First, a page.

AWA is told that there was a reasonable chance that a Willmore Wilderness Park management plan could be produced in 2018, however, progress towards developing a draft is minimal, with an unclear trajectory for a management plan for the foreseeable future.
AWA hosts a number of Willmore presentations including the Annual Martha Kostuch Lecture by well known Willmore enthusiast, Ray Rasmussen, and a presentation in Edmonton on the Willmore by Vivian Pharis. AWA also pilots an initiative for individuals to send postcards to the Premier requesting management planning for the Willmore. AWA plans to use postcards and other tools to ramp up public engagement when consultation on the Willmore begins.
The Rocky Mountain Wilderness Society forms to improve the condition of trail infrastructure in Willmore and other wilderness parks and does repair and maintenance on some important access trails.
Interim report for the Willmore Biodiversity Research Project is published. Mammals recorded include grizzly, wolverine, caribou and mountain goat. Bird species recorded include sensitive species such as pileated woodpecker, Clark’s nutcracker and Brewer’s sparrow.
AWA meets with Alberta Parks and Protected Areas Deputy Minister Bill Werry and his team, to express extreme concern and disappointment in proposals to build a number of new wardens’ cabins in the Willmore; existing cabins are already used routinely as a destination by some visitors to the park who seem to have little recognition that this park is meant to be primitive and without fixed roof structures for its visitors. Alberta Parks agrees that all new structures will be secured and unavailable to the public and that signage at the trailhead will be improved to inform those who use the cabins that they are not for public use except in emergency. AWA continues to press for a management plan for the Willmore Wilderness Park, as the foundation underlying any future developments in the park. There is a real danger that the many individual small decisions being made about Willmore Wilderness will produce a cumulative effect that diminishes the wilderness resource the Willmore Wilderness Act was written to protect.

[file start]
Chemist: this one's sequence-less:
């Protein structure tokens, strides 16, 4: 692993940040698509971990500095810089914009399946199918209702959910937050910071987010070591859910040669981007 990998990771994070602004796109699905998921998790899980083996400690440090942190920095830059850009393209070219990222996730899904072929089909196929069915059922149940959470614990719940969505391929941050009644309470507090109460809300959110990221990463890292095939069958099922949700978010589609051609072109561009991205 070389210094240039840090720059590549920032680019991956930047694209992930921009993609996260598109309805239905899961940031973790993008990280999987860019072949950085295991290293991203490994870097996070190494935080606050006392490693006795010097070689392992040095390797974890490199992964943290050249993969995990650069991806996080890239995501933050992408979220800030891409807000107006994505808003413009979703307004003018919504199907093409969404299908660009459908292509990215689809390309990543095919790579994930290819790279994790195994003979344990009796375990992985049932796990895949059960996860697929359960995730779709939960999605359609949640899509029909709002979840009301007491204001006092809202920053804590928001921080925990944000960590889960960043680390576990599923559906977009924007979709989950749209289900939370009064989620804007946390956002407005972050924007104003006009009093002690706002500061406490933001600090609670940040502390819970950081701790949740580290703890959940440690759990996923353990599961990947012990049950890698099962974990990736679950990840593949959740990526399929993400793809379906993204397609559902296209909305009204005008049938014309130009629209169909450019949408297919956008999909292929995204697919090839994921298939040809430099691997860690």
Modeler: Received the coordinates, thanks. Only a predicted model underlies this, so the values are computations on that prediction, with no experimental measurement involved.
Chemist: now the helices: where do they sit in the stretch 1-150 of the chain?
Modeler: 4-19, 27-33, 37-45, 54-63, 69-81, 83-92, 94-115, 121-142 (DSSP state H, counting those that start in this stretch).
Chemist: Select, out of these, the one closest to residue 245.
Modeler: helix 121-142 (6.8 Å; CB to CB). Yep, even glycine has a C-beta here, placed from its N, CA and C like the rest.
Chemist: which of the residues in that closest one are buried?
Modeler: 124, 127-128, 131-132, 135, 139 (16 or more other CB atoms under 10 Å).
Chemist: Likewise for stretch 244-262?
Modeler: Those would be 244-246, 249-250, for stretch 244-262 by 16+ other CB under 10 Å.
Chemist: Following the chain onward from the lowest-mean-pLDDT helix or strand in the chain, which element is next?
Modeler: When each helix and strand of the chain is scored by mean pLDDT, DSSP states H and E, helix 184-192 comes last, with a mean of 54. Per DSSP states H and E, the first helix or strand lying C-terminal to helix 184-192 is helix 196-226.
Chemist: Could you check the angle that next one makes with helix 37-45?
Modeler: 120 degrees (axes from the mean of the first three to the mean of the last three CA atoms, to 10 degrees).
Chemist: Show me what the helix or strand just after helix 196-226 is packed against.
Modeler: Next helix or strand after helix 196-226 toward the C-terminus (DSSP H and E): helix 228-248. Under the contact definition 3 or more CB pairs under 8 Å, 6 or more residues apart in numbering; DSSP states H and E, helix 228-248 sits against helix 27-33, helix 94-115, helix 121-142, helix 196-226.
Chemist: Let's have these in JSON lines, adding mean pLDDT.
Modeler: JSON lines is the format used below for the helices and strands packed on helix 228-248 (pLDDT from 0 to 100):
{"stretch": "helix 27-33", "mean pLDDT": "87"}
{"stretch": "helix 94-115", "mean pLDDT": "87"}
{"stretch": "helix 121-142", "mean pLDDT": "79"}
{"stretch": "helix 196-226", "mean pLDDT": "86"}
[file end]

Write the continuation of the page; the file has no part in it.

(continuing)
A survey of wolverines estimates 30 individuals live within the Willmore Wilderness.
The Willmore Biodiversity Research Project is launched to collect ecological data on plant, bird, and mammal communities in the Willmore Wilderness Park. The project is a partnership between the Government of Alberta (Parks Division), Alberta Innovates, and the Alberta Biodiversity Monitoring Institute. The project is intended to design and test new approaches for quantifying biodiversity in protected mountain landscapes, while still integrating with Alberta Biodiversity Monitoring Institute data from across the Province. Vegetation and mammal surveys are to be carried out in 2009-10; bird surveys in 2010.
The provincial government considers changing the boundaries of the recently created Rock Lake Provincial Park northwest of Hinton. In 2006, Alberta Tourism, Parks and Recreation (TPR) expanded the Rock Lake Provincial Recreation Area and re-designated it as a provincial park after problems with poaching inside the recreation area and the discharging of firearms within campgrounds. Since 2006, many locals have voiced their opinions about the expanded park, focusing primarily on the elimination of hunting from areas where it was previously allowed under wildland classification.
Alberta Tourism, Parks, Recreation and Culture (TPRC), along with Parks Canada and B.C. Parks, considers a new nomination for UNESCO World Heritage status of Canadian Rocky Mountain Parks, one that could include the Willmore along with other protected areas that are adjacent to the current UNESCO designation.
AWA supports the inclusion of Willmore Wilderness Park in any future nomination. While the Willmore Wilderness Park Act is a strong piece of legislation, there is still no management plan for the area. World Heritage designation requires that a management plan be in place and clearly outlines the values on which management must be based. By having the clear value of ecological conservation put into a management plan, we can ensure that this wilderness area remains intact well into the future.
Willmore Wilderness Foundation spokesmen oppose the designation and speak out against designation of the area under UNESCO status.
AWA reports that six bulldozers were brought 35 to 40 km into Willmore by Alberta Sustainable Resource Development (SRD) to help fight a forest fire. AWA is concerned that the bulldozer use may have caused environmental damage and may open the area to off-highway vehicle use. In letters to the ministers of SRD and Community Development, AWA requests that the fire management plan be utilized in future and that no heavy equipment be brought into Willmore.
The Willmore Wilderness Park Draft Fire Suppression Plan is released. This plan permits natural fire processes to occur when negative impacts are not expected. Fire contributes to the overall health of a forest, which in turn staves off severe mountain pine beetle attacks.